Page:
Wealth Creation Instead of Value Creation: Sustainability in Supply Chains
Nothing lasts forever.
At some point - knocking on wood - this pandemic, which has seriously overshadowed questions of sustainability, will be over.
But the issue remains with us, of course. After all, even after COVID-19, climate change will continue, workers in emerging countries will continue to receive starvation wages far too often and companies will again be expected to take concrete approaches to sustainability and corporate social responsibility.
This is also the assumption of the European Union (EU), which is announcing an initiative on sustainable corporate governance for 2021 that will address, among other things, the management of supply chains and the due diligence of companies for their supply chains.
This is an evergreen issue that is not only being imposed on companies, but one that politicians and society are now also taking on more strongly. There is no question that there is a great need for action here, not only for the benefit of supply chains, but for all of us.
That is why, at the end of last year, Technical University Dortmund and Technical University Berlin completed a project academy for the German Research Foundation DFG. Together with colleagues from other universities of applied sciences, we worked on three topics.
1. Ethical principles as the basis of supply chains
Morals and the market economy do not always share the same views, and from our good position in a global comparison, despite our coronavirus burden, it seems obvious to preach to other people in emerging countries, for example, that they should send their children to school and not to the cotton field.
But applying ethical principles to the management of our supply chains forces us to shift perspective and recognize why we would probably do exactly the same thing in their position and send our children out into the field. And depending on how we behave as consumers and producers, this will either continue or it will change in such a way that these children, or at least their subsequent generation, will also receive a school education because their parents earn enough.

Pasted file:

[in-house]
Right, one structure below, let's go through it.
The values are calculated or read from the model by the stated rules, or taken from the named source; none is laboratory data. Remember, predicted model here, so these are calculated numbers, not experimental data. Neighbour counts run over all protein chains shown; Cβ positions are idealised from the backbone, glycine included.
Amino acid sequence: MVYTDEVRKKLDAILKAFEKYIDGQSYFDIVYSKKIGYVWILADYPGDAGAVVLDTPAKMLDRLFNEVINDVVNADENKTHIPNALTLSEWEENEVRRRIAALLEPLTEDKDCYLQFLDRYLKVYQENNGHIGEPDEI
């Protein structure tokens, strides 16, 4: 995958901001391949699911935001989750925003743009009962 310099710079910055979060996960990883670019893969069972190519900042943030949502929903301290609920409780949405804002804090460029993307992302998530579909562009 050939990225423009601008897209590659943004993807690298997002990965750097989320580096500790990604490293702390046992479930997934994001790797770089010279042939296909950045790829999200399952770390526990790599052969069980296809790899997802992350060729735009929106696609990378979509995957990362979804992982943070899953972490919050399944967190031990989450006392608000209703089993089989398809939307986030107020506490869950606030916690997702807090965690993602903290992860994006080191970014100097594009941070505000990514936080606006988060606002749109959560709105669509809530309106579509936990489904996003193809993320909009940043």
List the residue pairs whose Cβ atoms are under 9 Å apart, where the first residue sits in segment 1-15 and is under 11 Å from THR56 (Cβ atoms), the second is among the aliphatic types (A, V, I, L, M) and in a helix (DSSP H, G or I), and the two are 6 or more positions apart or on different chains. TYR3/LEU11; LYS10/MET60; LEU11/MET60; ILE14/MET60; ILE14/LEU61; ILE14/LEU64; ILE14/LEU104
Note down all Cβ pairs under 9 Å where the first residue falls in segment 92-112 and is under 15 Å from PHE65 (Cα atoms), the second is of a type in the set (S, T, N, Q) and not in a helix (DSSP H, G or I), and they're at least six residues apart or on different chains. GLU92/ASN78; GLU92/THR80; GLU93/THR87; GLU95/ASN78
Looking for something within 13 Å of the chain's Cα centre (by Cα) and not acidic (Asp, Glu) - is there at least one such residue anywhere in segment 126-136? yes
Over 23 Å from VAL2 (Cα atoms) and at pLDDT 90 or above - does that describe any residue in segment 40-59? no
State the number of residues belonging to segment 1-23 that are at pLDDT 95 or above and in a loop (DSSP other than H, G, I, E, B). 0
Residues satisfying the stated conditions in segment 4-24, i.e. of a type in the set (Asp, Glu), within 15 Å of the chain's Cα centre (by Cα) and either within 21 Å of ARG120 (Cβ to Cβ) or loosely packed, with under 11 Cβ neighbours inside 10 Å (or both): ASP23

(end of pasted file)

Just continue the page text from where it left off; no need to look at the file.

Morality has more to do with wages and bread in faraway countries than we can imagine in this country.
2. Measurability of sustainability in supply chains
The measurability of sustainability in supply chains has been a burning issue of every purchaser and supply chain manager for years.
Purchasers are still trained, assessed, incentivized and paid according to spendings and savings. So, if a non-sustainable supplier is a few cents per unit cheaper than a sustainable supplier - and they cannot (yet) measure, quantify and state the sustainability disadvantage in monetary terms - the former is more likely to be selected. This is not acceptable, but unfortunately is still happening too often.
So we have to be able to measure as quickly as possible which is not really well and uniformly measurable up to now: What effects does the sustainability of a supplier have? And how can this be offset against savings? We need to get to the point where we can price in a supplier’s sustainability. This means that in the future the focus should not always be on purchase prices and that the more sustainable supplier will reliably be awarded the contract.
3. Best practice for improving sustainability
In the future, we will need many more good examples showing how we can address both environmental and social aspects and at the same time follow the economic principle, harmonizing the triple bottom line of people - planet - profit.
Because that is what characterizes sustainability: Anything we use and consume is not only recycled, but also fed directly back into the value chain - in the sense of a circular economy - so that our scarce resources can be used more efficiently and better protected, for the good of us all.
The findings of the successfully completed academy on all three outlined topics, which I would like to recommend to everyone, are available in book form under the title Sustainability in Global Value Chains.
If these approaches are indeed adopted, the current management of value chains will in the future be transformed into a genuine 'wealth creation chain management'. And if we succeed in this transformation, it would be a century of success for the economy and humanity.
That would be a nice New Year's resolution - and if everyone follows, it will definitely be a good one.